Full Circle: Love and Death in Florida

sistersMy Uncle passed away on Sunday, at 5:11 pm.

It was an unusually windy day in Florida. As I walked across the parking lot to the hospital entrance a wind swept past me that I never experienced before. It seemed to lift me up for a moment, holding me in some fervent embrace. I knew it would be the day.

After a two week vigil in the ICU, the neurologists told us they had done all they could, and that my Uncle would not recover. He would never emerge from his coma, never speak or walk. His brain had been in seizure for the greater part of a week, and it was more than his body could bare. I know he would not want to be on feeding tubes and life support, perpetually floating between sleep and death. They took him off the ventilator that was breathing for him. I cried and kissed his warm forehead and told him I loved him. He held on for about 5 hours, breathing deeply as if he was in a deep sleep. His sleep grew deeper as the day went on, and eventually, his heart stopped. My father, husband and I were by his side the whole time, loving him and supporting him through his transition.

My Uncle was an eccentric man. Dementia had begun to set in and he would often have bouts or aggression or anger. But overall, he had one of the kindest, most loving hearts that I have ever known. I have fond memories of him, and I deeply regret that we had become estranged during the years. I wish I could go back in time and I hope he knows that we were there for him when he needed us most.

It is an incomprehensible thing to witness the death of a loved one. It is beyond words. I do believe that he is in a better place. A place free from suffering and pain. 

I was so happy to learn, on this trip, that he had many friends, and he had touched the lives of a lot of people. I am happy that he had touched mine. And I hope we have both found forgiveness through this experience.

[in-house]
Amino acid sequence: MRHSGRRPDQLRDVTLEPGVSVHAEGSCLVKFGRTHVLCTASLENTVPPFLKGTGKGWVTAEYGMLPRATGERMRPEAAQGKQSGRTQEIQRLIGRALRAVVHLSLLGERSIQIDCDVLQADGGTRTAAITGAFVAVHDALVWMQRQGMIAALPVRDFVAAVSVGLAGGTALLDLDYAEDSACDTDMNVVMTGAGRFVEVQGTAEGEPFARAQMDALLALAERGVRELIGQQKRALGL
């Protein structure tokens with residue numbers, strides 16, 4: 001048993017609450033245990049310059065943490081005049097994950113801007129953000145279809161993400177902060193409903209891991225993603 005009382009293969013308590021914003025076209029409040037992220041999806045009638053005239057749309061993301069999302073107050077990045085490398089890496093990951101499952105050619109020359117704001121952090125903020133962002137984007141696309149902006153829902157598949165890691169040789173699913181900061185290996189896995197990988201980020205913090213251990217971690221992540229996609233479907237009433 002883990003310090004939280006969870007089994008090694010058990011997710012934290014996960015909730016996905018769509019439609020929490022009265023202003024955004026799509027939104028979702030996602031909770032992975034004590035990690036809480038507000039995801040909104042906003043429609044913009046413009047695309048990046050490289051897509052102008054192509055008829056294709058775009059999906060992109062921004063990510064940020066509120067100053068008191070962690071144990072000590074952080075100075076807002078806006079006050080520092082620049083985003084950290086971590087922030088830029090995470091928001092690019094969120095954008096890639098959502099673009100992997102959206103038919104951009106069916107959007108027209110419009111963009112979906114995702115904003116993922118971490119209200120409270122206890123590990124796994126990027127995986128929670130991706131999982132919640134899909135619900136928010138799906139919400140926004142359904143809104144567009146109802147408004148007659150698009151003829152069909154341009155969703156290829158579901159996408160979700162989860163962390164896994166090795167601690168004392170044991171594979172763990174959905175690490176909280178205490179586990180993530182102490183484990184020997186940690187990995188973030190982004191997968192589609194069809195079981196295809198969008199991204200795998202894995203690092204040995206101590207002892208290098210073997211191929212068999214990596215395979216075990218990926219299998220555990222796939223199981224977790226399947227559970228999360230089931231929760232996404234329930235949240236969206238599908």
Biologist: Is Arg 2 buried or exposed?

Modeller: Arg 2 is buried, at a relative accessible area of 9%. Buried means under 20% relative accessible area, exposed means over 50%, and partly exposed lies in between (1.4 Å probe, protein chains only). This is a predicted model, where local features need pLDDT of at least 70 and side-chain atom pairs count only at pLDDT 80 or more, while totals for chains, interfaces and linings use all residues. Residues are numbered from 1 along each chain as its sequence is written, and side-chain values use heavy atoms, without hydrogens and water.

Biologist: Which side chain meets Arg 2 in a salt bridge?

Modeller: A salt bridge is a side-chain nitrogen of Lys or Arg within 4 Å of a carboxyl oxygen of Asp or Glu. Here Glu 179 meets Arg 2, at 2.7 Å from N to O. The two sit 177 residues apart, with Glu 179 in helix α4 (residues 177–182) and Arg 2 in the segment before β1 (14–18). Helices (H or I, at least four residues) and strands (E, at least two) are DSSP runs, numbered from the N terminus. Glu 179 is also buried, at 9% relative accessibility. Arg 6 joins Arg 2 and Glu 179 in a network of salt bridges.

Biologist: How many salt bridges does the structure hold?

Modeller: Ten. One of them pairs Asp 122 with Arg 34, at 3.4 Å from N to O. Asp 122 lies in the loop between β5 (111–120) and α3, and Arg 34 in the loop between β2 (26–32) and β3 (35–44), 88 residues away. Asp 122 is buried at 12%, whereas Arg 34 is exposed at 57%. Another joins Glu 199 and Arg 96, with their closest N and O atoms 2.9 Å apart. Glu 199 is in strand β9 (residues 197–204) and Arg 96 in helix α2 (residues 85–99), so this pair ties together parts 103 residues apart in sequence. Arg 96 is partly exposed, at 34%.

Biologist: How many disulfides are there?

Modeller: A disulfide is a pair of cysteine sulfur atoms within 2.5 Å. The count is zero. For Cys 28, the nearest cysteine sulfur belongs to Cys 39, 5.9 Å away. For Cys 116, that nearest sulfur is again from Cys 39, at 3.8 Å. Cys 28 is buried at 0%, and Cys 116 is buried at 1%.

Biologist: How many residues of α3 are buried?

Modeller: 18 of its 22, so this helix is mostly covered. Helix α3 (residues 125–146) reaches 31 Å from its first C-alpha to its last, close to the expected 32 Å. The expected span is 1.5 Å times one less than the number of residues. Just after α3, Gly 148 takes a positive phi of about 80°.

I wish you peace and happiness Eugene. Your life was precious.


A poem I love. I think it’s fitting today:

The Sum of Man

by Norah Pollard

In autumn,

facing the end of his life,

he moved in with me.

We piled his belongings—

his army-issue boots, knife magazines,

Steely Dan tapes, his grinder, drill press,

sanders, belts and hacksaws—

in a heap all over the living room floor.

For two weeks he walked around the mess.

One night he stood looking down at it all

and said: “The sum total of my existence.”

Emptiness in his voice.

Soon after, as if the sum total 

needed to be expanded, he began to place 

things around in the closets and spaces I’d 

cleared for him, and when he’d finished

setting up his workshop in the cellar, he said,

“I should make as many knives as I can,”

and he began to work.

The months plowed on through a cold winter.

In the evenings, we’d share supper, some tale 

of family, some laughs, perhaps a walk in the snow.

Then he’d nip back down into the cellar’s keep

To saw and grind and polish,

creating his beautiful knives 

until he grew too weak to work.

But still he’d slip down to stand at his workbench

and touch his woods 

and run his hand over his lathe.

One night he came up from the cellar 

and stood in the kitchen’s warmth 

and, shifting his weight

from one foot to the other, said,

“I love my workshop.”

Then he went up to bed.

He’s gone now.

It’s spring. It’s been raining for weeks.

I go down to his shop and stand in the dust 

of ground steel and shavings of wood.

I think on how he’d speak of his dying, so 

easily, offhandedly, as if it were

a coming anniversary or 

an appointment with the moon.

I touch his leather apron, folded for all time,

and his glasses set upon his work gloves.

I take up an unfinished knife and test its heft, 

and feel as well the heft of my grief for 

this man, this brother I loved,

the whole of him so much greater 

than the sum of his existence. 

“The Sum of Man” by Norah Pollard, from Death & Rapture in the Animal Kingdom. © Antrim House, 2009.

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